Philosophy Today


Course Objective

Students become familiar with some ongoing developments in the History
of Philosophy, Practical Philosophy, and Theoretical Philosophy.
After this course, students will be able to locate these developments
against a broader historical background and relate them to developments
in other academic disciplines and/or subfields of philosophy. They will
also have refined their research and presentation skills.

Course Content

History of Philosophy. On the one hand, the themes and thinkers studied
by historiographers of philosophy tend to follow ongoing developments in
practical and theoretical philosophy, as well as in other academic
disciplines. On the other hand, trends in ongoing debates tend to emerge
from the rediscovery or revaluation of past thinkers. We will illustrate
these two directions using the history of philosophy of science.
Theoretical Philosophy. The relevance of disagreement has been a subject
of much debate in recent epistemology. In recent years, some
epistemologists have turned their attention to a form of disagreement
which seems particularly intractable: disagreement in which disputants
disagree about fundamental starting points such as principles about what
counts as good evidence or even worldviews. We will study a number of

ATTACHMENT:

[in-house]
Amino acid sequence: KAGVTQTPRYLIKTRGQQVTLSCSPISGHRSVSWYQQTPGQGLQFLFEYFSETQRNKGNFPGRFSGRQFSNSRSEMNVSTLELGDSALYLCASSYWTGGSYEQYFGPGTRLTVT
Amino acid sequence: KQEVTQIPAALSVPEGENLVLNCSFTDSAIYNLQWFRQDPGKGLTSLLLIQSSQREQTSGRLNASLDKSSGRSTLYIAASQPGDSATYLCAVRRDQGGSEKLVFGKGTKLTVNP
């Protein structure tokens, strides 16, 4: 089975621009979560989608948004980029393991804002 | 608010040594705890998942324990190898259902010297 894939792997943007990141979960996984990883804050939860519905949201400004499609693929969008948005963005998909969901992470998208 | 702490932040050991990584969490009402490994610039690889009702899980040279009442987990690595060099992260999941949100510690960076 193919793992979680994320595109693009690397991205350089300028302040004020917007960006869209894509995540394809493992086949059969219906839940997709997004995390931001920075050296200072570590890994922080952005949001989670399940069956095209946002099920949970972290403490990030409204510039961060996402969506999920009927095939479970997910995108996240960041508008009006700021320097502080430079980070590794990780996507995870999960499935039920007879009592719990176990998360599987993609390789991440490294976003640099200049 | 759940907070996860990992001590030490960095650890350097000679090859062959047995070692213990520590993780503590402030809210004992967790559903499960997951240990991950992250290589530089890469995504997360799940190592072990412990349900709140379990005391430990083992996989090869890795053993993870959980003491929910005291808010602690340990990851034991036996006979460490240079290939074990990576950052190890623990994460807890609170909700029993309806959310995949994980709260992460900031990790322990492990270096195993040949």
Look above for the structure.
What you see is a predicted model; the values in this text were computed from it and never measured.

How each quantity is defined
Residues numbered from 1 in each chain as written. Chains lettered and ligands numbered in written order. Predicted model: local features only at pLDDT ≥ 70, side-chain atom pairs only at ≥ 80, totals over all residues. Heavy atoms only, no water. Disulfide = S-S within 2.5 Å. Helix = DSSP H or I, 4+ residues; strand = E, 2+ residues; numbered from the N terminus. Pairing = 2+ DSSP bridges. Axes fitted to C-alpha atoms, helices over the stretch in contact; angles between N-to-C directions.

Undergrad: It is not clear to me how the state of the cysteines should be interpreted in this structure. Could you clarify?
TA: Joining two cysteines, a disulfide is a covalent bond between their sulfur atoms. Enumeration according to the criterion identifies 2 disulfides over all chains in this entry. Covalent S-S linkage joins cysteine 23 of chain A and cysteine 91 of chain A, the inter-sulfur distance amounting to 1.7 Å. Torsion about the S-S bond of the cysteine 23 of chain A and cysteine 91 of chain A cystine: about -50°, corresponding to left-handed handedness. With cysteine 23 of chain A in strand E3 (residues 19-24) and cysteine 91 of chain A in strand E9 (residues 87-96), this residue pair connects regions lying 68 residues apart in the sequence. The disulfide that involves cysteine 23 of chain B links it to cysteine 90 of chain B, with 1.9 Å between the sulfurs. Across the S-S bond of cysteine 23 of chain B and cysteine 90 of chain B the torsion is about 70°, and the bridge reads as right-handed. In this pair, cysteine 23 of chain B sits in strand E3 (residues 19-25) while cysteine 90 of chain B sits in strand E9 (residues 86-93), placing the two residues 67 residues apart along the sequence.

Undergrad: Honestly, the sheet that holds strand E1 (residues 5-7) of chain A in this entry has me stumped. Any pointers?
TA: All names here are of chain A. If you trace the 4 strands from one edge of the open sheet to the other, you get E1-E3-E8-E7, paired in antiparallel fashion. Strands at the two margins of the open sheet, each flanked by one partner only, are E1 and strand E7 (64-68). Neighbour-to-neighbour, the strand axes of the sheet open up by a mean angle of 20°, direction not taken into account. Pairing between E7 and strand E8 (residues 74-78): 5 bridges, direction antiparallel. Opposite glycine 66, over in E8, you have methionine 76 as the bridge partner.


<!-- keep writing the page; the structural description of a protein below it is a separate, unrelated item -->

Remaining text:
recent papers that seek to explore this form of disagreement and that
proposes possible solutions to it.
This course is directly related to the department's research. Students
will become acquainted with the practice of philosophical research and
publishing in progress by reading a number of forthcoming papers or
chapters and interacting with their authors.

Teaching Methods

Seminar. Student participation: presentation of topics, close reading of
papers, and group discussions.

Method of Assessment

One presentation (20%) and two essays (80%). Essays that receive a
failing grade require a resit, but only for that essay.


Recent and forthcoming journal articles and book chapters, among others
by researchers of the department, concerning ongoing debates in academic

Target Audience

BA2 Philosophy

Additional Information

This course is obligatory in the second year. Attendance is compulsory.

Recommended background knowledge

Courses from BA1 and from BA2 periods 1–3, esp. Epistemology and Ancient

General Information

Course Code W_BA_ACT
Credits 6 EC
Period P5
Course Level 300
Language of Tuition English
Faculty Faculty of Humanities
Course Coordinator dr. A.C.M. Roothaan
Examiner dr. A.C.M. Roothaan
Teaching Staff dr. ir. G.J. de Ridder
dr. T.M. Franssen
dr. A.C.M. Roothaan

Practical Information

You need to register for this course yourself

Last-minute registration is available for this course.

Teaching Methods Seminar
Target audiences

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